Under cloudy skies Saturday morning, about 5,800 people stepped off in downtown Moline for the Susan G. Komen Quad-Cities Race for the Cure to raise breast cancer awareness and money for research.

Despite the gray weather, the mood was mostly upbeat as women, men and children from around the Quad-City region celebrated survivors of the disease, remembered those they have lost and encouraged those who are in the midst of treatment.

The race, now in its 26th year, has raised nearly $6 million, organizers say. But in addition to raising money, the Race for the Cure has become a special place where survivors and others say they have a chance to be with people who have shared their struggles and know what they are going through.

"It's just a feeling of family," said Eva Davison of Davenport, a 19-year survivor.

Saturday's 5-kilometer race kicked off near the iWireless Center and included a shorter 1.2-mile route.

Christina McNamara-Schimidt, a spokeswoman for the race, said that more than $200,000 was raised this year, which is about the same as last year.

More than $55,000 was raised through individual and team fundraisers, a 22 percent increase over last year, she said.

The organization says up to 75 percent of the money raised is spent in the eight counties including and around the Quad-Cities on mammograms and other breast health services. The rest goes to Susan G. Komen for the Cure for research.

Race participants were of all ages Saturday. Strollers were in plentiful supply. And so were families walking together, often in matching T-shirts bearing pictures of loved ones.

Mona Blake, 60, of Davenport, was with her 15-year-old granddaughter, Alexis, outside the breakfast served to survivors.

Blake was diagnosed with breast cancer when she was 40 years old. Twenty years later, she believes she has been given a new chance at life — and the opportunity to watch her granddaughter live hers.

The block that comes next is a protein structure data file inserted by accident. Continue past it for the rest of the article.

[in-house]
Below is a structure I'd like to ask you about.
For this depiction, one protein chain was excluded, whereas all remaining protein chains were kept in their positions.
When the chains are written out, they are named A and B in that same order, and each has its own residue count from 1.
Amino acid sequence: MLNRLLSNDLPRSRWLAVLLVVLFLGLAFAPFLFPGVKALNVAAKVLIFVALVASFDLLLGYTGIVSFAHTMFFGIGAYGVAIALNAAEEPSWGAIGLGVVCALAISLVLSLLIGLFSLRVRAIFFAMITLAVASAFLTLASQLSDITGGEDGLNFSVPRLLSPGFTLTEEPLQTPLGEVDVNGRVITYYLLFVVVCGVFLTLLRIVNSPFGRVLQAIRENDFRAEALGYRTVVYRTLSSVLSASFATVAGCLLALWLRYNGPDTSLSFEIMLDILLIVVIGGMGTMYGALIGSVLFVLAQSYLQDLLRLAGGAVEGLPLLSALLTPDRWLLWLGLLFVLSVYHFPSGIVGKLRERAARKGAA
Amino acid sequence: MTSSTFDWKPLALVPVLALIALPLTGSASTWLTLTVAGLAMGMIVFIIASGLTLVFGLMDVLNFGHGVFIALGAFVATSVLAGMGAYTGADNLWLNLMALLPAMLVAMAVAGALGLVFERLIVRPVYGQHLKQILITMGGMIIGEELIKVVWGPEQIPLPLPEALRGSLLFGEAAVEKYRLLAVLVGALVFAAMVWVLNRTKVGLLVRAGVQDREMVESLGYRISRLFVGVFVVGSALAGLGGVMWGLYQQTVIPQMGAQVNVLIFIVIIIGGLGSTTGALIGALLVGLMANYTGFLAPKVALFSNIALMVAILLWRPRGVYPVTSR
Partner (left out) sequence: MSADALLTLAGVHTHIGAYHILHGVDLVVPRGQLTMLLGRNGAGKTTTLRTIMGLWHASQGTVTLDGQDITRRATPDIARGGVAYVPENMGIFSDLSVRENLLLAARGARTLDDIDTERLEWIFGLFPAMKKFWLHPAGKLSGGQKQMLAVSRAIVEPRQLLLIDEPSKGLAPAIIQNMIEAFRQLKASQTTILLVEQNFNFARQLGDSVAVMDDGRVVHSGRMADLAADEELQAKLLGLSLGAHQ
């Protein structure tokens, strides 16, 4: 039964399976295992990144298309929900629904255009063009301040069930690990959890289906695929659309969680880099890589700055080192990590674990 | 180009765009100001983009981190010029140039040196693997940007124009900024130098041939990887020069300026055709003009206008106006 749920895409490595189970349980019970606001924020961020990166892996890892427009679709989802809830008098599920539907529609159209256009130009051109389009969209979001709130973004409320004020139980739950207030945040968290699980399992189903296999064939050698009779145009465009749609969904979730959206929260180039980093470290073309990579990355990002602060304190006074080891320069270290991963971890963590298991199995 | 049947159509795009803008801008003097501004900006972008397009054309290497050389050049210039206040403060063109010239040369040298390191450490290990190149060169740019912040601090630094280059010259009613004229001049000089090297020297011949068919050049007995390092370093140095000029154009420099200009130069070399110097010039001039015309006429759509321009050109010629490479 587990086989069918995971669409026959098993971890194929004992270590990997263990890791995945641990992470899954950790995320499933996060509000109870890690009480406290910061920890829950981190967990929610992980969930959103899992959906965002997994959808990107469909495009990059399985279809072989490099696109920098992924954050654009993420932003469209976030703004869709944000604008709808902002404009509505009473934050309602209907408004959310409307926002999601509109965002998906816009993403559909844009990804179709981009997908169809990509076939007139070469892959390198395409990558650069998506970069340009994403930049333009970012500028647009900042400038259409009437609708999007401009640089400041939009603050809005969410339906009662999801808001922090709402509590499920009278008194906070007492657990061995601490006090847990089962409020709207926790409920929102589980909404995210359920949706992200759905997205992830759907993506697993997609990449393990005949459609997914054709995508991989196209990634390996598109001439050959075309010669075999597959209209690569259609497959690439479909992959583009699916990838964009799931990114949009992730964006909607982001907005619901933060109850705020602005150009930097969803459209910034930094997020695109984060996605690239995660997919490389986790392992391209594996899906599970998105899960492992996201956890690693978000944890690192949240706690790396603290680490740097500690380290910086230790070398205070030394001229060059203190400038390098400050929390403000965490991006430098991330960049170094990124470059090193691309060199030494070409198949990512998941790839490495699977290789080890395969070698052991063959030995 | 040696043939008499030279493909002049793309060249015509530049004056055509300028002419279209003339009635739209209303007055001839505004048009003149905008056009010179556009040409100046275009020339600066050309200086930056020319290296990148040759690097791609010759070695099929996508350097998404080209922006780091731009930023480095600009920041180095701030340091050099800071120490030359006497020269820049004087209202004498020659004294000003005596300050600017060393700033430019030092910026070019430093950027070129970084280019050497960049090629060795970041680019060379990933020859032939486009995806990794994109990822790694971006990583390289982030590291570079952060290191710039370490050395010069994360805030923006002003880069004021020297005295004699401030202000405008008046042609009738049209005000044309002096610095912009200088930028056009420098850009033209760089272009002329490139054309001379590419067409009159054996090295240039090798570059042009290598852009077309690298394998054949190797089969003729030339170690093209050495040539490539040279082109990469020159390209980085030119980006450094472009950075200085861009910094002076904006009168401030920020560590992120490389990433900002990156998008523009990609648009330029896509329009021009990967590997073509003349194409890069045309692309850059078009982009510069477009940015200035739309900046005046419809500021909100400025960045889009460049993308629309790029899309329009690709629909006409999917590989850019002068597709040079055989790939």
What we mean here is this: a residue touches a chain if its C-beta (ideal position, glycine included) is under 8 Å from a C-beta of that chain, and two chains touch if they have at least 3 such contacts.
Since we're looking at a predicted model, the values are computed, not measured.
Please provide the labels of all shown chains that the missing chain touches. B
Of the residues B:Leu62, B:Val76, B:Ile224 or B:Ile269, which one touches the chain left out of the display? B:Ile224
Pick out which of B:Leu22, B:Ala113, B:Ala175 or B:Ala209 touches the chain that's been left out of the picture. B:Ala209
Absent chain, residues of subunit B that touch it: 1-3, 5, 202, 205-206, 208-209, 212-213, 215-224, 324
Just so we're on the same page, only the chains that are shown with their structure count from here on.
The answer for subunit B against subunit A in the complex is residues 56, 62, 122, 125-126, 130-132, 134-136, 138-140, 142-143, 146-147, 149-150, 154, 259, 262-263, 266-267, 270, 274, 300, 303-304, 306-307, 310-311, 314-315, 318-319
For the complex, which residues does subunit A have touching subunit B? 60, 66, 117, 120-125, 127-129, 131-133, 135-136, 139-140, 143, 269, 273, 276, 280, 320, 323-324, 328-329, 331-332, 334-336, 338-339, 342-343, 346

"I never would have gotten a chance to see her if I hadn't survived," she said.

Many of the people taking part in Saturday's race are veterans of the event. But some are new to it, too.

One of those was Margaret Wood, 92, of Bettendorf, who was diagnosed in 1969. She said surgery saved her life.

Now, she works out twice a week at the YMCA, and Diane Hill, of Bettendorf, a friend who was chosen the honorary survivor chair of this year's race, convinced her to come to Saturday's event.

"She is the most generous, caring, loving person I know. She's just a good role model for people who have gone through cancer," Hill said.

Wood said she wasn't running the race, just helping out. Her advice to others was simple: "I just think you have to stay positive."

Organizers stressed Saturday that people who are diagnosed with breast cancer are not the only ones affected. Family, friends and acquaintances all feel the impact of the disease, too.

Diane Bliss of Coal Valley said her mother and aunt both had breast cancer.

With her right knee propped up on a scooter, Bliss said she recently suffered a fractured ankle. But, she added, she was determined to attend the race anyway with Vicki Todd, of Rock Island, a longtime friend and a cancer survivor.

"I promised her I'd come, and I didn't want to let her down," Bliss said.

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